Money sent home by Nigerians who live abroad looks set to decline this year due to weak global economic growth, a new report has said.
PwC Nigeria, a professional services firm, said in its latest Nigeria economic outlook report that “a weak global economic growth may negatively affect remittance flows into the economy”.
“The decline in remittance flows may reduce foreign exchange flows to the economy. Though remittances to Nigeria accounted for 38 percent of the total flows to the region, it increased by only 3.3 percent to $20.1 billion,” the report said.
Many Nigerians have relocated to the United Kingdom, Canada and the United States, among others, in recent years in search of greener pastures, a development that is popularly called ‘japa’ (a Yoruba word for “run quickly”).
Data from the World Bank’s latest Migration and Development Brief report show that remittance flow to Nigeria grew by an estimated 8.85 percent in 2022, the highest in three years, from $19.2 billion in 2021.
Africa’s biggest economy had seen its diaspora remittances plunge to $17.2 billion in 2020 amid the fallout of the COVID-19 pandemic from $25.3 billion in the previous year.
The World Bank had projected in June that the global economy could slow substantially this year, with a pronounced deceleration in advanced economies.
“Monetary tightening is expected to have its peak impact this year for many major economies. Global growth is forecast to decline to 2.1 percent, a full percentage point less than in 2022, before a tepid recovery to 2.4 percent in 2024,” it said at the time.
The PwC report said the increase in the global central bank policy rate may lead to capital reallocation away from Nigeria’s financial market to other markets with more attractive yields on investment.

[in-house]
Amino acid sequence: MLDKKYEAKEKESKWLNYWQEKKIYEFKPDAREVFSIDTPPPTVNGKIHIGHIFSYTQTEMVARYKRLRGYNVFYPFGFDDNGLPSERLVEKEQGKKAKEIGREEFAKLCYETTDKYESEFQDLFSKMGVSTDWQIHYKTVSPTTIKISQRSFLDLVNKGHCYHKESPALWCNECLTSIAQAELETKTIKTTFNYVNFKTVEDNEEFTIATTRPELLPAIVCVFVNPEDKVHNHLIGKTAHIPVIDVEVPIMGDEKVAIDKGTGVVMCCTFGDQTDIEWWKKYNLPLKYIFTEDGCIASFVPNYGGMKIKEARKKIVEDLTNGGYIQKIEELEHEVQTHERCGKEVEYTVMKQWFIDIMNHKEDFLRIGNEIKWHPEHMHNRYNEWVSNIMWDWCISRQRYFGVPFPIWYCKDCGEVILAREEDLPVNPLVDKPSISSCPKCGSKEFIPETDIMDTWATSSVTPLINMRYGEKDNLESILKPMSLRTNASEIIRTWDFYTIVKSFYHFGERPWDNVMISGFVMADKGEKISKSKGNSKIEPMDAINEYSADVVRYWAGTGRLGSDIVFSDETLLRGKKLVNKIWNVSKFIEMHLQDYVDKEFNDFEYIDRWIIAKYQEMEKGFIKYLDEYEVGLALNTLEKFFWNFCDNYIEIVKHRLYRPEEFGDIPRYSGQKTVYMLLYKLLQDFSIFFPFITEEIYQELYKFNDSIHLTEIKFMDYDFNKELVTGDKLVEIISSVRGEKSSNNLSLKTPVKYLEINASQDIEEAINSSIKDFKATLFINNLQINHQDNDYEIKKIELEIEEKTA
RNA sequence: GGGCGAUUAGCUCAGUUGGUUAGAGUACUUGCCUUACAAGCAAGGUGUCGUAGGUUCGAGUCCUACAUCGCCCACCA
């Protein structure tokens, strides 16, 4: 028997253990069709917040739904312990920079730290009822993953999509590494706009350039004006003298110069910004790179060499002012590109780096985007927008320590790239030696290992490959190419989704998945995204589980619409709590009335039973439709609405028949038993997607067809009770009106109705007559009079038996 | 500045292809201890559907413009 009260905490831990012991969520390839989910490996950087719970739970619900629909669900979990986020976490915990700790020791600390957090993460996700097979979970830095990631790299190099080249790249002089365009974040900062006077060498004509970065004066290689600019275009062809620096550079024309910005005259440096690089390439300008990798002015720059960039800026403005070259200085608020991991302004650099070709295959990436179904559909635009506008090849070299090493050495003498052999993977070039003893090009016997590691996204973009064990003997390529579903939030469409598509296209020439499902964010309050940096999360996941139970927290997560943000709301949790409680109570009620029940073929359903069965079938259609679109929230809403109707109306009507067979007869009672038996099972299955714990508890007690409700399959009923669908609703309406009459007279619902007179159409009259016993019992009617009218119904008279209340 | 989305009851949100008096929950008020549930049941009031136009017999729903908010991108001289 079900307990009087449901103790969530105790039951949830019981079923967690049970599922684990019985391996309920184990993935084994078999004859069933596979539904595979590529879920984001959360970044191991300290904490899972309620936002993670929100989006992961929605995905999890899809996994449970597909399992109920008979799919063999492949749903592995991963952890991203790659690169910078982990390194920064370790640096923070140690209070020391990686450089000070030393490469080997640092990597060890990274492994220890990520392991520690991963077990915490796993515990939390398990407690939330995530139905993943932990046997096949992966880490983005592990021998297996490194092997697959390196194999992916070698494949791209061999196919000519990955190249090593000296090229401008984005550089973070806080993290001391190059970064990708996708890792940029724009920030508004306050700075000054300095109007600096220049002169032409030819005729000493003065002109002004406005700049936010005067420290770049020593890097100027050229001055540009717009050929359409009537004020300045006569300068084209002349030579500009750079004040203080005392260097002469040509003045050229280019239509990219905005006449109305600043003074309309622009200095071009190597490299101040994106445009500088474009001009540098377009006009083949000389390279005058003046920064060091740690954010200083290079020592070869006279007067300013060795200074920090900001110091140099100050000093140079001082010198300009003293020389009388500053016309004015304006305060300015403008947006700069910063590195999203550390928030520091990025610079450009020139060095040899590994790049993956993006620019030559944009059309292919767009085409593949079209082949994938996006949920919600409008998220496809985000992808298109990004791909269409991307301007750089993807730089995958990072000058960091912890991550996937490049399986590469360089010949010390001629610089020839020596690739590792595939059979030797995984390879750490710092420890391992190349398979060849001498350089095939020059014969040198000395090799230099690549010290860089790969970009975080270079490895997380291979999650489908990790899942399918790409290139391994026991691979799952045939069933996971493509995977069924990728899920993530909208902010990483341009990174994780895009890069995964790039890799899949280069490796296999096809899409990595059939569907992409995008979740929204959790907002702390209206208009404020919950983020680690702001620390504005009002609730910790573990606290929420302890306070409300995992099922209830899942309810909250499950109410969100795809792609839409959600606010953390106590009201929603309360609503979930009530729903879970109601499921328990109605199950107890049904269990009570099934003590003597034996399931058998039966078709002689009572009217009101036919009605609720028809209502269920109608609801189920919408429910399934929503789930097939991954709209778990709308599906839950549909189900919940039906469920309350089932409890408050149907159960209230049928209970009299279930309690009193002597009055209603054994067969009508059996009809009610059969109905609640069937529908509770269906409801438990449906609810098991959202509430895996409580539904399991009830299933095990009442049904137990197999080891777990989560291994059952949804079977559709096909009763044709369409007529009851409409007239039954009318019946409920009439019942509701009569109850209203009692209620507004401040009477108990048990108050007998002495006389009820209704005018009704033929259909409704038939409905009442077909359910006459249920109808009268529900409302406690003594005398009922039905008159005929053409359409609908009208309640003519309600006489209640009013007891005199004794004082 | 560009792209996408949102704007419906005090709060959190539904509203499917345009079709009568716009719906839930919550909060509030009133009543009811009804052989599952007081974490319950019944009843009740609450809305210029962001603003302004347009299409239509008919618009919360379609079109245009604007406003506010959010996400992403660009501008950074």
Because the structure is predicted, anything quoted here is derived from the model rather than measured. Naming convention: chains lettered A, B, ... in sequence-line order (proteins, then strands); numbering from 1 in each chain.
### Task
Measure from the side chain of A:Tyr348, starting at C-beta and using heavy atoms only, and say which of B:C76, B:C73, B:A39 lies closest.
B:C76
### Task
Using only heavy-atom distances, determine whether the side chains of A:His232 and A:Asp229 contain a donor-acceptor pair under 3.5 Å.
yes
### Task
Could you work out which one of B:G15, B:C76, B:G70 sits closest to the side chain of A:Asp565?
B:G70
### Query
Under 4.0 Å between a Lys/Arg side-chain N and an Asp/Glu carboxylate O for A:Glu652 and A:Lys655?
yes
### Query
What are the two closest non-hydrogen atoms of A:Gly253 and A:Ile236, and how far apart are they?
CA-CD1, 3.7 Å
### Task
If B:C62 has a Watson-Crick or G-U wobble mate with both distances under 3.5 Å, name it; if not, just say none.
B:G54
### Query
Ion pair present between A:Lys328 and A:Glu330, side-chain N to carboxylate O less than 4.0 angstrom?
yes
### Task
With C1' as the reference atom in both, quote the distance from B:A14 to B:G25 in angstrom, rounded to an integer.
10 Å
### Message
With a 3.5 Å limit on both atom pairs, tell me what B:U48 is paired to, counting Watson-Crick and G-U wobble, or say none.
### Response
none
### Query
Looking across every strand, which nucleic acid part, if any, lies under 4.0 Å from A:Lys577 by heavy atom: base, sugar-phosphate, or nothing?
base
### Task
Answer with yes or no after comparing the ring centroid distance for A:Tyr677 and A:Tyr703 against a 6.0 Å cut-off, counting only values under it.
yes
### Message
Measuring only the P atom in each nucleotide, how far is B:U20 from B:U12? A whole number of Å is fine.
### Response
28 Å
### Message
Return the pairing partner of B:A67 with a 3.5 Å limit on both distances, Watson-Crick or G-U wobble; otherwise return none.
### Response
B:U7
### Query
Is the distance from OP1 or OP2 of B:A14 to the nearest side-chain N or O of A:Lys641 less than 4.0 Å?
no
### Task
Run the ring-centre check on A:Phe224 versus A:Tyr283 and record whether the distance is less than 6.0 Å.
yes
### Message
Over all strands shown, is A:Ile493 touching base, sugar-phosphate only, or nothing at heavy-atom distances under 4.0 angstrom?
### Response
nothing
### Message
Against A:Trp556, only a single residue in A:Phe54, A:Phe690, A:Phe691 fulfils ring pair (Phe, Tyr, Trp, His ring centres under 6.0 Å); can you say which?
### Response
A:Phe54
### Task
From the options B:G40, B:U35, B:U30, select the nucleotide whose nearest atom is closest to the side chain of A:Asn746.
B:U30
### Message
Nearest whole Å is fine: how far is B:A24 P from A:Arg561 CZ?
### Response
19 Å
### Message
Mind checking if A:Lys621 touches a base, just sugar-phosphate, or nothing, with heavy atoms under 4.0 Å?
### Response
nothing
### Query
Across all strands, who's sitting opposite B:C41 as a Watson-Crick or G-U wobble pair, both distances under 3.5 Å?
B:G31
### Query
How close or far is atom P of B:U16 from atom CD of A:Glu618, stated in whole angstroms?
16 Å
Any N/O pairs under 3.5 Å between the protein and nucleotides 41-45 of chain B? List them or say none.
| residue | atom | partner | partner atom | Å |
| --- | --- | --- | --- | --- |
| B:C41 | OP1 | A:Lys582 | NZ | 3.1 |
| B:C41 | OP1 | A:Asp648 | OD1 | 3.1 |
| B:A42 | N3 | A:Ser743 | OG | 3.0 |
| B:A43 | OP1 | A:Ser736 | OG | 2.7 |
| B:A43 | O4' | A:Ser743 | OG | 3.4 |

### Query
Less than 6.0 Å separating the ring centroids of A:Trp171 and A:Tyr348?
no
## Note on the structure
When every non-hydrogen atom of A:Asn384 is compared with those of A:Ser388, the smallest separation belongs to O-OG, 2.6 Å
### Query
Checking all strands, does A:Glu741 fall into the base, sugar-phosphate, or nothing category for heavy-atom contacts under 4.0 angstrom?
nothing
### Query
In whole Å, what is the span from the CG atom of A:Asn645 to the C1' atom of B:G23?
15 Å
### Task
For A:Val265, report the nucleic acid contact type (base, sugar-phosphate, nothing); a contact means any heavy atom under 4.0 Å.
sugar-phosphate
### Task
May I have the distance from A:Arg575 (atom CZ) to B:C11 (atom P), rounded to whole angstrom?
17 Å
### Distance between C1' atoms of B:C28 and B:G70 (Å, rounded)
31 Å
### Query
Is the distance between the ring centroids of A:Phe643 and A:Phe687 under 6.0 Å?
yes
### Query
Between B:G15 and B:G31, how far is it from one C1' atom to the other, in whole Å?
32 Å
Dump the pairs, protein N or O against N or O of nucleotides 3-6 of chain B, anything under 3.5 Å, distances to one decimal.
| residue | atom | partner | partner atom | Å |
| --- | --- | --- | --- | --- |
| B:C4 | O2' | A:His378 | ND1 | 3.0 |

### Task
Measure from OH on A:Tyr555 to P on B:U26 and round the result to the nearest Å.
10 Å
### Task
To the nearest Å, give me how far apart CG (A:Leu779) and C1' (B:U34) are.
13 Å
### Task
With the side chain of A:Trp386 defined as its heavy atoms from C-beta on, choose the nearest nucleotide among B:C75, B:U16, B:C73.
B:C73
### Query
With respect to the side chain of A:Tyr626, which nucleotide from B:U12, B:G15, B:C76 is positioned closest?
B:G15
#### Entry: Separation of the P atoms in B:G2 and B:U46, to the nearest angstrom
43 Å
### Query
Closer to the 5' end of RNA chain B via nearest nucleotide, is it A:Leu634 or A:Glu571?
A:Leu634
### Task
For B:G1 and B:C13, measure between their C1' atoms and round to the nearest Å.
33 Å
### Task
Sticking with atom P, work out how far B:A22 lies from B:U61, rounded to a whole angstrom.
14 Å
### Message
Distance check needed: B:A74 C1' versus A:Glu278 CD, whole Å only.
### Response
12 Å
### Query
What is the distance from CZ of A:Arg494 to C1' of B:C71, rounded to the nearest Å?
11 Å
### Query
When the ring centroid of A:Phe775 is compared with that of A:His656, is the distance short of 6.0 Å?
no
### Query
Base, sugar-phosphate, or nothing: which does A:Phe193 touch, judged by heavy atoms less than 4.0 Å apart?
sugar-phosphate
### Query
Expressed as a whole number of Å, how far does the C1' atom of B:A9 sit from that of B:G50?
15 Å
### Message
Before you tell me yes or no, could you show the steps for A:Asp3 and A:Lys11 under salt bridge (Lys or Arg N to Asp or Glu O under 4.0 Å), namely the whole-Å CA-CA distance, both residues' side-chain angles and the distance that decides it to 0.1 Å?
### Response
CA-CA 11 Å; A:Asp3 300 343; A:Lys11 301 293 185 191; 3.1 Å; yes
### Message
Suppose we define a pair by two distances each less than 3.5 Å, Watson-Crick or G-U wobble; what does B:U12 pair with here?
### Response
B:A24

“Capital reallocation from Nigeria’s economy may continue to impact foreign investment flows in the short to medium term. Investors may adopt a wait and see approach due to lack of forward guidance on foreign exchange policy,” it said.
It added that the Nigeria MSCI index recorded a significant decline of 113 percent, from 23.5 percent in 2020 to -3.02 percent in 2022, reflecting capital reallocation to other economies.
Before the Central Bank of Nigeria collapsed all segments of the FX market into the Investors & Exporters window in June, the country’s dollar liquidity crisis had worsened on the back of the Russia-Ukraine crisis, which started in February last year.
The naira depreciated from 416.52/$1 as of February 28, 2022 to N775.20/$1 on October 5 at the official market. At the parallel market, popularly called black market, it fell to 1,002/$1 from N575/$1.
The high cost of sourcing FX was one of the major factors that pushed Nigeria’s inflation rate to an 18-year high of 25.80 percent in August from 24.08 percent in July, according to the National Bureau of Statistics.
“The unsettled FX backlogs may lead to scarcity of goods and inputs for manufacturing and trade leading to further increase in prices,” analysts at PwC said.
The report also revealed that real income is still under pressure as inflation continues to rise and national minimum wage remains unchanged in the short-term.
“In addition, input costs (including the year-on-year increase of 216 percent in Premium Motor Spirit from January to September) will continue to pass through to consumer prices further worsening the affordability of goods and services in the economy in the short to medium term,” it said.
It added that the rise in energy, food, transportation and import costs may dampen consumer spending on non-discretionary items.
The firm projected a 2.8 percent economic growth rate for Nigeria in 2023, down from 3.1 percent in 2022.